In its latest Article IV Mission, IMF cautions against tax reduction in Hong Kong. IMF fears such a move may cause Hong Kong to rely too much on volatile revenue sources, read the story here.

I don't know how many times since its inception after WWII IMF accomplishes its mission of helping countries to steer clear of crisis. Judging by the advice that they prescribe, the success rate cannot be high.

The reason is simple, and not the usual moral hazard story. The usual moral hazard story says that the presence of IMF encourages countries to behave in an imprudent manner realizing that the IMF will come in later with a bailout package. That is an incentive argument.

Another argument relies on the distribution of knowledge. How could IMF, a bureaucratic agency, marshal the neccessary knowledge required to set things straight in a screwed up country it is trying to help?

In addition, almost all the time, the reason why a country needs a helping hand from the IMF is government failure. Asking help from the IMF is like asking a bigger government to replace the smaller one which had created the problem in the first place!

Tuesday, November 08, 2005

Micky Fails to Perform Magic

Hong Kong Disneyland will slash HK $ 50 off ticket prices for locals according to a story in South China Morning Post (8 November), read the story here (subscription required). The company denies that the move is an act to boost attendance.

Indeed, ever since the opening of the amusement park in mid-September, daily attendance at the park has seldom reached its maximum capacity at 30,000 according to various news reports. And visitors from China have not turned up in large numbers as expected.

It is of course perfectly OK if HK Disneyland is a private concern. Afterall, in the business world, failure is far more common than success.

But HK Disneyland is NOT a private concern but a STATE-OWNED enterprise (HK government owns 57% of the concern), and that is why there is a problem. For it is not the shareholders who will shoulder the loss of the company, but taxpayers like you and me!

Unlike the market place where investors/shareholders buy into a company after rational calculations of all the risks and benefits involved, no one, absolutely no one at the government has asked me whether I want a piece of the HK Disneyland. Instead, stupid government officials who know squad about business risks make that decision for us taxpayers. Sad!

Saturday, November 05, 2005

Hayek in Favor of Competition Law?

In Democratic Party's submissions to the government on why Hong Kong needs a competition law, Hayek's work is being cited (more specifically The Road to Serfdom) as in favor of having a competition law. Read the whole thing here (in Chinese only).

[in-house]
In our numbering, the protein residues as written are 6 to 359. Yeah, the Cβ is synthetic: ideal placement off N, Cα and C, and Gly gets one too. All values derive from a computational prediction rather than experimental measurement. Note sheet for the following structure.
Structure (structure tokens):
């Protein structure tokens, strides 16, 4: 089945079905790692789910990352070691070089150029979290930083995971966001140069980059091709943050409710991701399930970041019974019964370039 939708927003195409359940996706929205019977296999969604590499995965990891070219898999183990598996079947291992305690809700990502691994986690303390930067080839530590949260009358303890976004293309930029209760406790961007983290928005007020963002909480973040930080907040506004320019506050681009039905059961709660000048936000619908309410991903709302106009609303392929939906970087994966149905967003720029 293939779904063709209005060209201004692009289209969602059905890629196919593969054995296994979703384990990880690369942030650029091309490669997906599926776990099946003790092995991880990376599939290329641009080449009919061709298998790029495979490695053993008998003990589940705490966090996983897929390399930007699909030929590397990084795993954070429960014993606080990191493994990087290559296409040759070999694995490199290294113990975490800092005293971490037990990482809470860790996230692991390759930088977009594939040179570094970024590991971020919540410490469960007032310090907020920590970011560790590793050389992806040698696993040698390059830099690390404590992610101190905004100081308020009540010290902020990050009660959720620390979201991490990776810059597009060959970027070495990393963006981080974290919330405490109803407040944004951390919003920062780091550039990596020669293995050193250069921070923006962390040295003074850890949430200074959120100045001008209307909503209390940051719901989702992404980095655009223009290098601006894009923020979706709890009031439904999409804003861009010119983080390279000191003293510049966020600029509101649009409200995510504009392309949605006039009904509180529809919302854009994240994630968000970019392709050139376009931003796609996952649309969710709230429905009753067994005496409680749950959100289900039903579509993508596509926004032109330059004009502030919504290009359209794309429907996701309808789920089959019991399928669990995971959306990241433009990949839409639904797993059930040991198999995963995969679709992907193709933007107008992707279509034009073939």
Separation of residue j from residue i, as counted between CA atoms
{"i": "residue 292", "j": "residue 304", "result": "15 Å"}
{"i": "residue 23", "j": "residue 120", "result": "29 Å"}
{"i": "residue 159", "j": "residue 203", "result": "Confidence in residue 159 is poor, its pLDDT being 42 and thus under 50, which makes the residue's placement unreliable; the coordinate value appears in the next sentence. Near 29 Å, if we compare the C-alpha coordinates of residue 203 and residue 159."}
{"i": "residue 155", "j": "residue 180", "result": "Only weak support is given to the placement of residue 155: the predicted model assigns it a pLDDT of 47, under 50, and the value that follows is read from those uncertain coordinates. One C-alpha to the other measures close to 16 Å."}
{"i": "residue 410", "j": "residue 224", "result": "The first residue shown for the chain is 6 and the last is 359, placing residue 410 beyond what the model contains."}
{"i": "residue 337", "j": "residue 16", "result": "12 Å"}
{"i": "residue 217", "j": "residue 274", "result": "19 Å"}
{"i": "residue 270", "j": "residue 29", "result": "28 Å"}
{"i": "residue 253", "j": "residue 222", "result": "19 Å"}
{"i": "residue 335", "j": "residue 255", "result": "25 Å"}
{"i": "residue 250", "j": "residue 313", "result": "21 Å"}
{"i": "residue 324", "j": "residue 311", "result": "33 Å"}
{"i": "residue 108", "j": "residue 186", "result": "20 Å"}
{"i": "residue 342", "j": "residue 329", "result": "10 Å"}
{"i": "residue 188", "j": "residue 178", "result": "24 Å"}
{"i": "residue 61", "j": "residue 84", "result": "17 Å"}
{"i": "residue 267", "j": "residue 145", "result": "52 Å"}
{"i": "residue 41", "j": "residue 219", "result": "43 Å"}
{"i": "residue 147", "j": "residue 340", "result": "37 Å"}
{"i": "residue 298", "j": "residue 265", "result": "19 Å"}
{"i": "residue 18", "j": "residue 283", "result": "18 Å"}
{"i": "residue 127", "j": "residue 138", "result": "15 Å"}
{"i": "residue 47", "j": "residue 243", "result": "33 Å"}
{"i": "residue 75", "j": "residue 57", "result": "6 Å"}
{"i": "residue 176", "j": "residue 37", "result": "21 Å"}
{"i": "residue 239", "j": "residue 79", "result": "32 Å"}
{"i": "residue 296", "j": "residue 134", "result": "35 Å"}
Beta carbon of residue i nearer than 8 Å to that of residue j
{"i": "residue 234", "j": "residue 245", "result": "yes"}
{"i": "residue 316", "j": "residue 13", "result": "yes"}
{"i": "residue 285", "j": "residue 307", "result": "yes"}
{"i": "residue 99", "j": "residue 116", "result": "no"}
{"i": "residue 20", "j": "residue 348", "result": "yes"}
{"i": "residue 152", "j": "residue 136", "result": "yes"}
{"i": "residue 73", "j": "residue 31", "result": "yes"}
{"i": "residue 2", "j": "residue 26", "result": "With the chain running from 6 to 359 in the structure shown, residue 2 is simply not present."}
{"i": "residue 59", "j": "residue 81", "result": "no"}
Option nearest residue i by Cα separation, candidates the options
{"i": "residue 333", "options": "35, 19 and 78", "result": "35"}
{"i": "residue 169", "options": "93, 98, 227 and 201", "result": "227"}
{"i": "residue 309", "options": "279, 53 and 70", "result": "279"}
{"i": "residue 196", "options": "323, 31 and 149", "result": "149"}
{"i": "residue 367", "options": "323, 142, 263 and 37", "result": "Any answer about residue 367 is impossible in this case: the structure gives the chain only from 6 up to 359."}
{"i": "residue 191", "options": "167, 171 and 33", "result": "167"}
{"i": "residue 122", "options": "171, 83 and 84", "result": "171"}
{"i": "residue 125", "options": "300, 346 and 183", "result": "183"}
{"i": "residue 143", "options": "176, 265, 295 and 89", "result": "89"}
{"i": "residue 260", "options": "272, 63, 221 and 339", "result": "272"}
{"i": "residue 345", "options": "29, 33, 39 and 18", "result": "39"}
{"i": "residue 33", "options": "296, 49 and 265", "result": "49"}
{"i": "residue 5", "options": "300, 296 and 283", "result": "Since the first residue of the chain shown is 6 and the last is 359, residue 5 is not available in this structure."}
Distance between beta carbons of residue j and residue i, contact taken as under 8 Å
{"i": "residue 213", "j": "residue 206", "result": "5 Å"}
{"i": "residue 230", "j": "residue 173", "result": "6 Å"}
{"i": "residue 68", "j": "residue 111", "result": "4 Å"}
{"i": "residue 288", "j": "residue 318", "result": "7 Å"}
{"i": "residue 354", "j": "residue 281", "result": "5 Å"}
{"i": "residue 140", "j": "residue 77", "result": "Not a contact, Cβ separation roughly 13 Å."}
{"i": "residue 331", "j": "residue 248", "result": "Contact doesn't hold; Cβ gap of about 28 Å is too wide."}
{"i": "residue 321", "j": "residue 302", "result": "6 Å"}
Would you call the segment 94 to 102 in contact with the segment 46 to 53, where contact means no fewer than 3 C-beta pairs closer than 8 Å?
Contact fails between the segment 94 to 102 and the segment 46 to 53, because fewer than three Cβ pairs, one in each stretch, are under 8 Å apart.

Have they really read the book? Do they really understand what Hayek was saying in that book even if they did ? Hayek must be rolling over in his grave now.

Why can't we have more intelligent and intellectually honest legislators?

Conference In Honor of Peter Bauer

On May 6-8, 2004, the James Madison Program in American Ideals and Institutions at Princeton University held a conference in honor of Peter Bauer.

Conference participants included Jim Buchanan, I. Kirzner, A. Sen, M. Friedman and Tom Sowell (the latter two participated through a pre-recorded video). Papers presented by the conference participants (including the transcript of the Friedman and Sowell exchange) are now on line in the latest issue of the Cato Journal, read the whole thing here.

HT to Chris Coyne up at Austrian Economists for the pointer.

Wednesday, November 02, 2005

Government Failure, Big Time!

In a 2 November New York Times story, it reported that the Malawi is the latest African country where people are suffering from hunger, read the whole story here.

Malawi is not the only one. Indeed many countries in Africa, ranging from Niger to Zimbabwe, share the same fate as Malawi of late. The question is why?

It turns out that there is one and only one reason that explains the plight of African people in those countries. The governments in those countries, instead of helping their people to get rich through protecting private property rights, are instead stealing from them.

So by practicing socialism, Zambia reduced its economy to penury. Zimbabwe's economy collapsed after the government seized its richest farms, which were owned by whites. And as far as Niger is concerned, regulatory burden strangled its economy. As an example of the regulatory burden in Niger, Nicholas Kristof of the NYT has written back in October that " local regulations stipulate that companies must give all employees six weeks and two days of paid vacation a year. Not surprisingly, there are almost no employers in Niger." Read the whole thing here. (Subscription required)

Tuesday, November 01, 2005

This is Why Hong Kong is Going Down

The Government announced on October 31 a proposal to extend the concessionary duty rate on ultra low sulphur diesel (ULSD) for another year. The extension of the $1.11 per litre duty concession will cost the Government about $1.1 billion in 2006.

The lower duty is supposed to soften the blow of high oil prices on the transport industry. And this is not for the first time that the government has done this. On six other occasions - December 2000, June 2001, March 2002, March 2003, March 2004 and December 2004 - the Government, with the Legislative Council's agreement, extended the concession, as a measure to give "temporary" relief to the transport industry.

The question that needs to be answered is this: Higher oil prices affect just about every sector of the economy. Why is transport the only sector singled out to get the concessionary rate? Why are middle-class car drivers left out?

When a government rigs the rule of the game to give handouts to some group (the transport sector in this case) but not to others, inevitably the rule of law is damaged. Without the rule of law, what is left to build prosperity?